Taxi-wars intensify after Taxify unveils Sh100 service to rival Uber Chap Chap
By Dominic Omondi | April 20th 2018
Competition between Uber and Taxify just got intense after Taxify unveiled a service that will see riders pay as little as Sh100.
Taxify added a new feature on Taxify app, Taxify GO, which will allow riders to pay a minimum of Sh100 as the Estonian ride-hailing company takes on Uber’s uber Chap Chap whose minimum fare is Sh190.
Taxify GO, just as uber Chap Chap, rides on a fleet of small four-seater, fuel-efficient cars, as the battle shifts from price to efficiency.
Uber Chap Chap, the economy category of Uber, operates on Suzuki Alto 800, with a fuel consumption of 800 cc.
Besides Taxify GO, the European company also unveiled Taxify XL, a tailor-made category for larger groups. With a sitting capacity of six passengers, Taxify XL will see customers pay a minimum fare of Sh250 to move around Nairobi.
TaxifyGO will be priced at a Base Fare of Sh 75 with each kilometer attracting Sh22, Sh 3 per minute with Minimum Fare of Sh 100.
TaxifyXL option starts off at a base fare of Sh100, with each kilometer attracting Sh 40.00, Sh 4.00 per minute and minimum Fare of KES 250.00.
“These fares have been carefully set to strike a delicate balance between meeting the affordability needs of the customers and making business sense for Taxify drivers,” said Taxify Head of Operations in Kenya, Chisom Anoke.
Competition among ride-hailing apps, particularly between Uber and Taxify, has mostly been waged on price. Other ride-sharing apps include Safaricom’s Little Ride and Mondo Ride.
A price war has been detrimental to drivers whose earnings have been got smaller with every price decrease. Now it seems like that these companies have reached a point where they cannot reduce the prices further down. Instead, they are competing on non-price factors, including car efficiency and customer service.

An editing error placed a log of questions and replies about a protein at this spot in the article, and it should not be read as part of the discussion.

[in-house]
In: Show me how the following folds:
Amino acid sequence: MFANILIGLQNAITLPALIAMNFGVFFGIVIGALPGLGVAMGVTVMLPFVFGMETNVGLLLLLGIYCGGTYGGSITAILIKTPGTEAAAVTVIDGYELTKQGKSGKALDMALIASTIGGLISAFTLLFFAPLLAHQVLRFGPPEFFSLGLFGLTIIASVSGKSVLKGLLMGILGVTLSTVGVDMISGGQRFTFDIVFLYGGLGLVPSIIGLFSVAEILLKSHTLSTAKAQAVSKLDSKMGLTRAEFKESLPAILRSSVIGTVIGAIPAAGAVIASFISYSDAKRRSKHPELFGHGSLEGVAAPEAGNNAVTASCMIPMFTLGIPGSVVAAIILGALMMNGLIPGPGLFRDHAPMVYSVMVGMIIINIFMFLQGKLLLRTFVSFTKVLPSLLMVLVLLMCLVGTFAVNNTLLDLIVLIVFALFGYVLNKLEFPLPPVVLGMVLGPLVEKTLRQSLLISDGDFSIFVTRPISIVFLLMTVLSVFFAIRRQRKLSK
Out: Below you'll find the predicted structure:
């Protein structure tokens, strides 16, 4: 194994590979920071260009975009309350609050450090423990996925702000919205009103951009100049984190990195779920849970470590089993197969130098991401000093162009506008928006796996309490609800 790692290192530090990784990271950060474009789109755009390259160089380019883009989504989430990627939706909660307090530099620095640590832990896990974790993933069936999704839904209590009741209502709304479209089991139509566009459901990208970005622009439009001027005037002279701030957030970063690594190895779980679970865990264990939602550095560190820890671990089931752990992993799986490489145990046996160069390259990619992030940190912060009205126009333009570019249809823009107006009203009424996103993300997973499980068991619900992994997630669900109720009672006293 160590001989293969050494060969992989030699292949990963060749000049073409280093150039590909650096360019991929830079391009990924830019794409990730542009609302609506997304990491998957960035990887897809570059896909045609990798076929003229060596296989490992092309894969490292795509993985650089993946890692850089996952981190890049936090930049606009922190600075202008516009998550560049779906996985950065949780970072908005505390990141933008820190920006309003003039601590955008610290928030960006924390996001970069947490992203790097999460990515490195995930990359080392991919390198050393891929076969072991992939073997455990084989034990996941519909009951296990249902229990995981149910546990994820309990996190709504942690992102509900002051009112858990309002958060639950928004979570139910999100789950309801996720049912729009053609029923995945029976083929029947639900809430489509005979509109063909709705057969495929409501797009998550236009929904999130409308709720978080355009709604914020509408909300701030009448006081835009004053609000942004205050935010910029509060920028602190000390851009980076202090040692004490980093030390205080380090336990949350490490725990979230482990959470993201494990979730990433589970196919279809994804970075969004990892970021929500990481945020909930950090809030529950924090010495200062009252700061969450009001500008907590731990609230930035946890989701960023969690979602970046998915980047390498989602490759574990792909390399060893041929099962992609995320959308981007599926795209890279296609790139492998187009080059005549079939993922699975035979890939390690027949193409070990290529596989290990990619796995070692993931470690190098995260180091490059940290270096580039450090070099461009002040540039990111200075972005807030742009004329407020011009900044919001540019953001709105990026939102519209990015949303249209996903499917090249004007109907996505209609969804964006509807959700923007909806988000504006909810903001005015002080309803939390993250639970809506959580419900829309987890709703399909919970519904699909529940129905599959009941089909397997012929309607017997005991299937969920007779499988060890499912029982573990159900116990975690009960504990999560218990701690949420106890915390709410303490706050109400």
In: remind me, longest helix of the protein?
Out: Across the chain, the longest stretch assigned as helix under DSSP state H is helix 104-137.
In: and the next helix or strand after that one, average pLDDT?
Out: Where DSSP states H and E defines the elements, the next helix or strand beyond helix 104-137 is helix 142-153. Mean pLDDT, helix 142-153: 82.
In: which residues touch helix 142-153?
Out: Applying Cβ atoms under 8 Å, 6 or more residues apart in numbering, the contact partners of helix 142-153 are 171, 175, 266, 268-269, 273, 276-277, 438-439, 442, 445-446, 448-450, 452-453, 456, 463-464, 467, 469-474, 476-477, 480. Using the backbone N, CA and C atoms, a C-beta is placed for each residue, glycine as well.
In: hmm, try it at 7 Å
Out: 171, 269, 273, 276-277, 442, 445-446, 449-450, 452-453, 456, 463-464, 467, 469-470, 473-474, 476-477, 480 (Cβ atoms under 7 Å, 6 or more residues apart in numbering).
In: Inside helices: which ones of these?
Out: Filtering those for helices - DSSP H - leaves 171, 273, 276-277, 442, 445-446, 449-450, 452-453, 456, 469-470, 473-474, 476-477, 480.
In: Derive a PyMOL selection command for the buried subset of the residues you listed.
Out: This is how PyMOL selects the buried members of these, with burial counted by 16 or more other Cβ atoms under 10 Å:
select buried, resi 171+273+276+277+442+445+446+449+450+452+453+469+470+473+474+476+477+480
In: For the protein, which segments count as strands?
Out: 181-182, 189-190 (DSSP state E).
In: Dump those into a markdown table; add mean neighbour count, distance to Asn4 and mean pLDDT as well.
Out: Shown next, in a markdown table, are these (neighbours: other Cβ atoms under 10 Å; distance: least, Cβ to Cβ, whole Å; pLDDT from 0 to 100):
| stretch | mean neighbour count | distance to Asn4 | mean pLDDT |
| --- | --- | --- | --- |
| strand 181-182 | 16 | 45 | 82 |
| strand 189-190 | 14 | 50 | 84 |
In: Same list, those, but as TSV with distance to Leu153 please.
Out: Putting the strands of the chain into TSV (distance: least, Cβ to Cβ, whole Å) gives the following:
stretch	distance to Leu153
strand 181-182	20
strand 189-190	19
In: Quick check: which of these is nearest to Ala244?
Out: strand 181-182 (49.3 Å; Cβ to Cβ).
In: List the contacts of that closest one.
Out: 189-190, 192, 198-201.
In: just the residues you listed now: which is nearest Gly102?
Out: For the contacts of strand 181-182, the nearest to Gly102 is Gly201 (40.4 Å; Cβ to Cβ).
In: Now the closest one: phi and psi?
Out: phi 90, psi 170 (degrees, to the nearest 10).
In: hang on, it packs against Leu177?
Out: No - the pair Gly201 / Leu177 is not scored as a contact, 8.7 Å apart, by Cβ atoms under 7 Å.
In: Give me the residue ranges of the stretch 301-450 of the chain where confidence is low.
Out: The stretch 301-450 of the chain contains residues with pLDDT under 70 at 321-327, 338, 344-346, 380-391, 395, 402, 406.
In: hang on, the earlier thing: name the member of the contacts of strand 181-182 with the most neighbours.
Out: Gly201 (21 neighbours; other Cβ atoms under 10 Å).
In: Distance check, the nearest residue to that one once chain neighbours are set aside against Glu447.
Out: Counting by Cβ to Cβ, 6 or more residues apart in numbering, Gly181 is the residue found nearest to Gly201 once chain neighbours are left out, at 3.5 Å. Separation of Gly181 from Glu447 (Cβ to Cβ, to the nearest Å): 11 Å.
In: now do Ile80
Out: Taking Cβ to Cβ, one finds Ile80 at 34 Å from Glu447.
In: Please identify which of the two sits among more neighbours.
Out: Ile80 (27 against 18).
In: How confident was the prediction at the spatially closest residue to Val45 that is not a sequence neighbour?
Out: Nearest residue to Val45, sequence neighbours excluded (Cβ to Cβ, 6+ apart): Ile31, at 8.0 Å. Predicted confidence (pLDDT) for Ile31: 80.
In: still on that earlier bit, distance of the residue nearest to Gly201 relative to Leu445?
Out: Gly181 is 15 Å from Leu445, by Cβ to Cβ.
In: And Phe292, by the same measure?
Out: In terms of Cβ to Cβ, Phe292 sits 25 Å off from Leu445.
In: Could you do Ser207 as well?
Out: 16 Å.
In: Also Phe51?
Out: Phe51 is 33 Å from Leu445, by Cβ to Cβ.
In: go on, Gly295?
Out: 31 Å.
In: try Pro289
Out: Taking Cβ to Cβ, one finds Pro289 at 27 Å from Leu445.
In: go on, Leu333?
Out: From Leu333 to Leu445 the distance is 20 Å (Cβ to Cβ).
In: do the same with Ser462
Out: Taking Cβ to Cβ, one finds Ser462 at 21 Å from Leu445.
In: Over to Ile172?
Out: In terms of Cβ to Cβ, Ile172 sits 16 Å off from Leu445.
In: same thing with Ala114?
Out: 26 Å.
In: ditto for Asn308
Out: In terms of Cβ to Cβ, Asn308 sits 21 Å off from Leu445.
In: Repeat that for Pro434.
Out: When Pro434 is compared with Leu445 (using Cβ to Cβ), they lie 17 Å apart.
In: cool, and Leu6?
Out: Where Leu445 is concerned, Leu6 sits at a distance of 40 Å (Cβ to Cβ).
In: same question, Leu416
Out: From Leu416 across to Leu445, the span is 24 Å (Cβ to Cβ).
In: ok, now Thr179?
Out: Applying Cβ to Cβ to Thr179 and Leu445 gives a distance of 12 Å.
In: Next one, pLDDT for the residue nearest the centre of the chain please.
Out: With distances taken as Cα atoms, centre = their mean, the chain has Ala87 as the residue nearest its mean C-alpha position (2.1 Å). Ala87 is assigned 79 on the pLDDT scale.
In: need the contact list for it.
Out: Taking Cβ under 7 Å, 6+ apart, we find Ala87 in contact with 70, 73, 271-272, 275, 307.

Taxify said the move to refine its service to include vehicles with smaller engines was based on feedback they received from their customers.
Taxify, which has operations in Nairobi and Mombasa, noted that these vehicles consume less fuel, resulting in lower operational costs to drivers and therefore more affordable fares for riders. “This way we are able to accommodate both riders and drivers on the platform,” said Anoke.
The company, which received financing from the world’s largest ride-sharing company, Didi Chuxing, also has features that connect riders to tuk-tuk and boda-boda
Taxify said the move to bring these additional vehicle types on board was informed by the need to cater for a more diverse customer base which now includes groups who wish to use the larger capacity vehicles such as vans and multipurpose vehicles (MPVs).
“We have recognized that as our customer base expands, and they grow accustomed to using the ride-sharing service, people are now moving to a point where they want vehicles that can carry more than four passengers at a go,”said Chisom Anoke, Taxify Head of Operations in Kenya.
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